Whether filling out a form or writing a check, we often abbreviate the date numerically. For example, December 31, 2019 becomes 12/31/19.
However, as we move into 2020, you should avoid abbreviating the year on any important document because of the possibility of tampering.
Take, for example, someone who signs a lease or other time-sensitive document which establishes their rights and obligations for a period of time. If they sign and date 1/6/20, someone could later plug in 19, 18, 17, etc. (1/6/2019) at the end to change the effective date of the document and the duration of the obligation. In that regard, 1/6/2020 would be the advisable way to write the date.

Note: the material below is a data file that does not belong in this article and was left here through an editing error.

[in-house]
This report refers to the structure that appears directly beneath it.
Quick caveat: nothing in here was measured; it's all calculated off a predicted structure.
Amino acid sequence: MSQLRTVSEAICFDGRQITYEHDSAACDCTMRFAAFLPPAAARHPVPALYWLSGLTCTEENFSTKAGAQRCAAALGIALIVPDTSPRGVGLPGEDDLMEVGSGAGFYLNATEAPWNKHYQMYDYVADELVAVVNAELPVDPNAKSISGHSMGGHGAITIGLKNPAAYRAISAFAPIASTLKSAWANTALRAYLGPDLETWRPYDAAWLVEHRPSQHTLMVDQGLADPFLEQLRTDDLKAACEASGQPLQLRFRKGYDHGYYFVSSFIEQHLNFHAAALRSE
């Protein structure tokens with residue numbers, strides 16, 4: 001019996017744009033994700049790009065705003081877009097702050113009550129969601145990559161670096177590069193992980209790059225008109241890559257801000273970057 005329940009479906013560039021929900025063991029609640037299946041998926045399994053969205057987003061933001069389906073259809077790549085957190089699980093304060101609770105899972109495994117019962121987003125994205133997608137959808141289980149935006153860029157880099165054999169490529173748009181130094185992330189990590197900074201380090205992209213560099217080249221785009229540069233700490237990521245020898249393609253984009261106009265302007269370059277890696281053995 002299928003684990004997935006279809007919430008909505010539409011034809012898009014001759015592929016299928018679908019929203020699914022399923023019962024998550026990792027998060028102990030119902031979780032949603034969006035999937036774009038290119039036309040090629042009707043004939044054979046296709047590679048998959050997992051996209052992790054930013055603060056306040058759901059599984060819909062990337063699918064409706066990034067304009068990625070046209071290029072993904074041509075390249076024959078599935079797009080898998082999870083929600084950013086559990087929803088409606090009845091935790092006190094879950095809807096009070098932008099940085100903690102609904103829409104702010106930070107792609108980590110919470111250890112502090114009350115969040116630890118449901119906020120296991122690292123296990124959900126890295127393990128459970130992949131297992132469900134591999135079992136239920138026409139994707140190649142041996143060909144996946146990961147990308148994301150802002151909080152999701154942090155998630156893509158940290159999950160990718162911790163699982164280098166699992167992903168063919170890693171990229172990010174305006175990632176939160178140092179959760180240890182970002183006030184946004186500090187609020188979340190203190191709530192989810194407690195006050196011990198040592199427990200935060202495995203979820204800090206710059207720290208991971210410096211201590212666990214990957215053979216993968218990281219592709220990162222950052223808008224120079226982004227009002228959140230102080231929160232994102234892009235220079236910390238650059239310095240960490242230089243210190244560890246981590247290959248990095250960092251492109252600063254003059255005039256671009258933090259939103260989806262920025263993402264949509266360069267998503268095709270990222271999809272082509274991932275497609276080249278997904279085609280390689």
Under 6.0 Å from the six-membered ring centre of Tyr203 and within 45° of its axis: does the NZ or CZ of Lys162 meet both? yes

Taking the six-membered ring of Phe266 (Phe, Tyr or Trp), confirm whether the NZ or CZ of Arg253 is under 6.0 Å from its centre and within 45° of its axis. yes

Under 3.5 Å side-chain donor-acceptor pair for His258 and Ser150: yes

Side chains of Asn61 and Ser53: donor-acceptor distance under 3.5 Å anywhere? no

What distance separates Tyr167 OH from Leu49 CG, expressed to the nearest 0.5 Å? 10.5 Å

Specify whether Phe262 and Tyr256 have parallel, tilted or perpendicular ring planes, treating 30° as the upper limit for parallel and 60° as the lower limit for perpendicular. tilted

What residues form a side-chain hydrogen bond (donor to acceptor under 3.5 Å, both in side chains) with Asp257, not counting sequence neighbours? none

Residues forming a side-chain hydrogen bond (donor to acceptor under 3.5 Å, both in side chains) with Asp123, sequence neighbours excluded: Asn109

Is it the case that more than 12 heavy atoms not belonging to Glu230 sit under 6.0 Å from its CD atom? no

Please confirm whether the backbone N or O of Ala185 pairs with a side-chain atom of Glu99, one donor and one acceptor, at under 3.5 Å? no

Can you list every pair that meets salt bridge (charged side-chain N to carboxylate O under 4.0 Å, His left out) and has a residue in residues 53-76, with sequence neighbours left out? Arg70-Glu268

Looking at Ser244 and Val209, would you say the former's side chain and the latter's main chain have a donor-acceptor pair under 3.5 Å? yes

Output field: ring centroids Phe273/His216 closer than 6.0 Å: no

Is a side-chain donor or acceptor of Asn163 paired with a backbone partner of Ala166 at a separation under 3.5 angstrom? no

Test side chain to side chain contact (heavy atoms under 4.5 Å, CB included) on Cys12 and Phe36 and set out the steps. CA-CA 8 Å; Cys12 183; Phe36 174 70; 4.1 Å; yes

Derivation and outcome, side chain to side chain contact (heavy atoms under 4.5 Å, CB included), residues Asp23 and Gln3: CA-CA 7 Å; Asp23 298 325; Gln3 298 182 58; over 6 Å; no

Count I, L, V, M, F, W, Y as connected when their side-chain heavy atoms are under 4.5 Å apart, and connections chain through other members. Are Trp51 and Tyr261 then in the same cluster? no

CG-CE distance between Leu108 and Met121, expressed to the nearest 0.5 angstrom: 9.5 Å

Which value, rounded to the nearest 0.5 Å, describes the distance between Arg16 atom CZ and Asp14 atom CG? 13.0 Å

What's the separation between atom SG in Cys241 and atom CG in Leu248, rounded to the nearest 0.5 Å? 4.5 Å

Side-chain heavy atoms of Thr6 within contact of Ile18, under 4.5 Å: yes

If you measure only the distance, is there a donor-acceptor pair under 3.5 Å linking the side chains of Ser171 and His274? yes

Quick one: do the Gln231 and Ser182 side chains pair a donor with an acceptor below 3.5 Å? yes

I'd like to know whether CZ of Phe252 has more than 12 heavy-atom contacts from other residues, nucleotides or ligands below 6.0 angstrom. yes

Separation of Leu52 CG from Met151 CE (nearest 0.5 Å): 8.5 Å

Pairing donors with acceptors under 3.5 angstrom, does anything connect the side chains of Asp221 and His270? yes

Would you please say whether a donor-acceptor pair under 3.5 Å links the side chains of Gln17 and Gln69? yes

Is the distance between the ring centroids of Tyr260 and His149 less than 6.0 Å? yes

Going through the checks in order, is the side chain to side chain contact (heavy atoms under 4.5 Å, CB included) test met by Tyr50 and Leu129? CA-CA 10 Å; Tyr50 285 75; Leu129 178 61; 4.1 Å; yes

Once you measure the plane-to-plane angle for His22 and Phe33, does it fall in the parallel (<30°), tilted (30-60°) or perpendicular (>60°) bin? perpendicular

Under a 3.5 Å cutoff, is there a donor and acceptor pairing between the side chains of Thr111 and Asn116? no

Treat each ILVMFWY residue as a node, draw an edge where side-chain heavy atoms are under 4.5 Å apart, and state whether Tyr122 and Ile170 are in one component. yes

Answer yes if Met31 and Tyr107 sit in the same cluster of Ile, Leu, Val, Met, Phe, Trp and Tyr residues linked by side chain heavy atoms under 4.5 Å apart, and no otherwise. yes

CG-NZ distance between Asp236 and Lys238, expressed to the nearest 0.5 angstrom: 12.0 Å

The same practice should apply to check writing for recurring payments.
If you’re writing checks monthly to pay off a debt, you’ll want to make sure you’re writing the full date out as 2020 to avoid the payee tampering with the date after the fact, making it appear as if you made no payments in 2020.
If it seems like an inconvenience, think about the problems you or your business could run into if you do not take this extra step. According to a study by the Association of Certified Fraud Examiners, the median loss for a victim of fraud is $150,000.
And, after all, it’s just for a year. No such problems will exist in 2021.
If you are in need of legal counsel, contact one of our attorneys.